Author and historian Pamela Hartshorne’s novels link the past and the present in an intriguing way. She spoke to Yvette Huddleston about her latest book.
York-based novelist and historian Pamela Hartshorne is fascinated by the relationship between the past and present and in particular draws inspiration for her fiction on her academic research into the 16th century.
She also has sixty Mills and Boons romances under her belt – written under the pseudonym of Jessica Hart – so it’s no surprise that her most recent novels have combined history and romance.
Her last book Time’s Echo, which was shortlisted for the Romantic Novelists’ Association’s 2013 RoNA Award, featured two women – 21st century Grace Trewe and Hawise who lived and died in York four hundred years earlier and her previous book, The Memory of Midnight, was also set in Elizabethan and modern-day York with a narrative connecting two women over the centuries.
Her latest novel House of Shadows, published last month, has a similar theme but with an interesting twist. “I have been doing more historical research than fiction over the past little while,” says Hartshorne. “And with this book I tried to do something a bit different. I had this idea of a story set in a gothic house in the mist.”
The main setting of Askerby Hall where the central character Kate Vavasour lives with her late husband’s aristocratic family and her young son is partly inspired by Burton Agnes Hall, an Elizabethan stately home in East Yorkshire. The novel opens intriguingly with Kate waking up in hospital from a coma with no memory of what has happened to her and why she is there. Even more mysteriously, she seems to be remembering events from someone else’s life – the book’s tagline is ‘what if the life you were remembering wasn’t your own?’ – which sets up a fascinating premise.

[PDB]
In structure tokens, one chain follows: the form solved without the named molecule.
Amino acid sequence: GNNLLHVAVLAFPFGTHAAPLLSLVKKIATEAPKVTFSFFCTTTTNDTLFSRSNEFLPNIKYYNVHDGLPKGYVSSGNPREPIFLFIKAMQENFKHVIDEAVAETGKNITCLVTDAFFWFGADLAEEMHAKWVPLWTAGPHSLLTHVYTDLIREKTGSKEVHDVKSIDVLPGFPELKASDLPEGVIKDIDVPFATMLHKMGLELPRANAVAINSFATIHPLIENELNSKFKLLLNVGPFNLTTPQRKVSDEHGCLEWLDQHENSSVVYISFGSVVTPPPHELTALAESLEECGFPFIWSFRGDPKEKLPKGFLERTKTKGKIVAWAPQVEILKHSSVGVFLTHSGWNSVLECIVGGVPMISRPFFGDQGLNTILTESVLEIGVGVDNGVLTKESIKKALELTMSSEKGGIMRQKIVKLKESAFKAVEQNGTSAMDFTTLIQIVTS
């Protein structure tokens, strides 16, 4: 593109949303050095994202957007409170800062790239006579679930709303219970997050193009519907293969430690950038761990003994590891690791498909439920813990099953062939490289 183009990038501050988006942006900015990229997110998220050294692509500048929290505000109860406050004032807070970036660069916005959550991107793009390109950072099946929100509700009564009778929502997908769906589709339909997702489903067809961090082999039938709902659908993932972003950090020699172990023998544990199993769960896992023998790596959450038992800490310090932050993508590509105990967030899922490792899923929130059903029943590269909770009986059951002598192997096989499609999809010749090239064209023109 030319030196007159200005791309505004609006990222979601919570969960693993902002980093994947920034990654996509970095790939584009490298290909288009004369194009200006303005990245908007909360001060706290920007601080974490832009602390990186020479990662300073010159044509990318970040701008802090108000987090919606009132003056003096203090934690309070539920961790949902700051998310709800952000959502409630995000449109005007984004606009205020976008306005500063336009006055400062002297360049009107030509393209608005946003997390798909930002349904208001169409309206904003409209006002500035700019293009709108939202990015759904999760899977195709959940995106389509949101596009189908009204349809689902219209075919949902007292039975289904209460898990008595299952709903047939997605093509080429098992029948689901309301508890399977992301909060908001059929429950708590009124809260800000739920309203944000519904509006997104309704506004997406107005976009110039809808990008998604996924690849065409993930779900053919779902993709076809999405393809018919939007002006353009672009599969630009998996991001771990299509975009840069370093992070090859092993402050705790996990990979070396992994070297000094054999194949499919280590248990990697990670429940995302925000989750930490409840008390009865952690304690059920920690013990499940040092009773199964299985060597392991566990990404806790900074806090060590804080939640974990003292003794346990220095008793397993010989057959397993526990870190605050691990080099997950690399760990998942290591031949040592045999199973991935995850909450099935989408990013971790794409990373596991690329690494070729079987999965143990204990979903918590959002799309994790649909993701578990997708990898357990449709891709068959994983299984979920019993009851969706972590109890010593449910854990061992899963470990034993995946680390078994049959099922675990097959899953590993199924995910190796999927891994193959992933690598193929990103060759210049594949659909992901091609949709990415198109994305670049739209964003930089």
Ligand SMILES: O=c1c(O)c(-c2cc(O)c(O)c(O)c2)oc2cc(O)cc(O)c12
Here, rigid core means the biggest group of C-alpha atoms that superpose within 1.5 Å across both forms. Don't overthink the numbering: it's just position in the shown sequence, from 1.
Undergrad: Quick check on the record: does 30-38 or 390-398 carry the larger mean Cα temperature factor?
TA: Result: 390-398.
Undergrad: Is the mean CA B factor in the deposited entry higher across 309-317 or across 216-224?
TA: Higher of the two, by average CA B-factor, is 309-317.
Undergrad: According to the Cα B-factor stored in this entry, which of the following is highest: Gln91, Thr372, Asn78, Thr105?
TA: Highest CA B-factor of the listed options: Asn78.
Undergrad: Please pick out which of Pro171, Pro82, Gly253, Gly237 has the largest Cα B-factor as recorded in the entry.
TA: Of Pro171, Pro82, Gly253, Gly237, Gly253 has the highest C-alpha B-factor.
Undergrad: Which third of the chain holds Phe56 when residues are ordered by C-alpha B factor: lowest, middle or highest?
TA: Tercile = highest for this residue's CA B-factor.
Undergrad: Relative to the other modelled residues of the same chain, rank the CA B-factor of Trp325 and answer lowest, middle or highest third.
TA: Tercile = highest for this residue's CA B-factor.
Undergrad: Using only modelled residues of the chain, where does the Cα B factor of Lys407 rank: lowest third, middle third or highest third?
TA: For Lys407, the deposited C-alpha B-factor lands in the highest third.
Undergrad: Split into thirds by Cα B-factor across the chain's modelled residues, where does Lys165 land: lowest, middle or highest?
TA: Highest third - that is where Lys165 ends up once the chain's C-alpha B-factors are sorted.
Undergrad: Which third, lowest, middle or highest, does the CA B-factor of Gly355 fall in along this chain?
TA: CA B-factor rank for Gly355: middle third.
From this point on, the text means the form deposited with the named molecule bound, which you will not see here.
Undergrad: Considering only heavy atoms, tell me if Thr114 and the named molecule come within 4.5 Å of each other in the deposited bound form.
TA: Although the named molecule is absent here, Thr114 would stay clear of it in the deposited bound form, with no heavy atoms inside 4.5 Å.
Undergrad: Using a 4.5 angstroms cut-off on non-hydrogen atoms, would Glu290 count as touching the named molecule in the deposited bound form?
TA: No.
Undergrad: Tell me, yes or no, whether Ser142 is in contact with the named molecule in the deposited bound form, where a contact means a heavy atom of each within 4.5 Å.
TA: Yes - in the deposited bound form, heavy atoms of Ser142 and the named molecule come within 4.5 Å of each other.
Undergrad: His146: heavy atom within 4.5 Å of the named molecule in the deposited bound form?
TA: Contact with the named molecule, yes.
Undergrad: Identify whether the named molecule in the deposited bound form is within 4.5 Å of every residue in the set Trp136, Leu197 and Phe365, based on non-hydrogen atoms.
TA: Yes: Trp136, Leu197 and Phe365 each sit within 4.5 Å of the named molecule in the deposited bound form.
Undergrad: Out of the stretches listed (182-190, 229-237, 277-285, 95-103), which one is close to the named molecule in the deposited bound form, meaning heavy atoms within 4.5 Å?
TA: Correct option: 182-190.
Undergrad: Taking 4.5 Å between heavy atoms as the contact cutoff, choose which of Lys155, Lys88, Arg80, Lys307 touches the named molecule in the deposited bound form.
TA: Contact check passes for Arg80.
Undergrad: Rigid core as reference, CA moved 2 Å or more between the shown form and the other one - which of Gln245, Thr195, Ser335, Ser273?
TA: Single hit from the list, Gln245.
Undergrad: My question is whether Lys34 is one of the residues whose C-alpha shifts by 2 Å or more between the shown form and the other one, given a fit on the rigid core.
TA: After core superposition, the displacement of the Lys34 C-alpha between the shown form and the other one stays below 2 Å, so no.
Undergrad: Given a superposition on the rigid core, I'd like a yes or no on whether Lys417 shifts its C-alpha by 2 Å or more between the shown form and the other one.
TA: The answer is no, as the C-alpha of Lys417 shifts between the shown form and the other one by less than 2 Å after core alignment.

“There has been a lot of work done on how memories are created,” says Hartshorne. “Somebody conducted an experiment talking to people after 9/11. They asked a group of students what they were doing when they heard about the incident shortly after it took place and then asked them again five years later and they all said something different. We construct these very strong memories, that aren’t necessarily real. I then thought about somebody who woke up with no memory. It’s a kind of ghost story – and it is a way of linking the past and the present.”
What gradually transpires is that Kate’s husband died two years previously, she has been grieving and she is in hospital after a fall from the roof of the Hall. She can remember none of this and any memories she does recall seem to belong to Isabel Vavasour, who lived at Askerby four hundred years earlier. “I think the 16th century is quite an interesting time for women because they actually had rather more freedom than we think,” says Hartshorne. “In England, at least, women were allowed to go out on their own – Isabel could go out riding, for example, she had that freedom.”
Hartshorne says that in creating Kate – whose parents are aid workers stationed in a remote part of Somalia – she drew on material closer to home. “I grew up overseas and a lot of her background is quite like my own. I didn’t ever have that sense of being rooted in a place so I used my own experience. And I wanted to make her a believable person who was struggling with this grief. I spent a lot of time thinking about why she was still at Askerby.”
There is some suggestion that Kate may have jumped, but also life at the Hall wasn’t as illustrious as the family would have people believe – and when she returns to the house to recuperate, it is clear there is a mystery to be solved.
Hartshorne’s next book will be set solely in the 16th century and she describes it as a historical psychological thriller, a kind combination, she says, of The Miniaturist and Gone Girl. “The past has this great exoticism and yet we can relate to it,” she says. “I am fascinated by how much is the same and how much is different.”
House of Shadows by Pamela Hartshorne, £16.99, is published by Pan McMillan.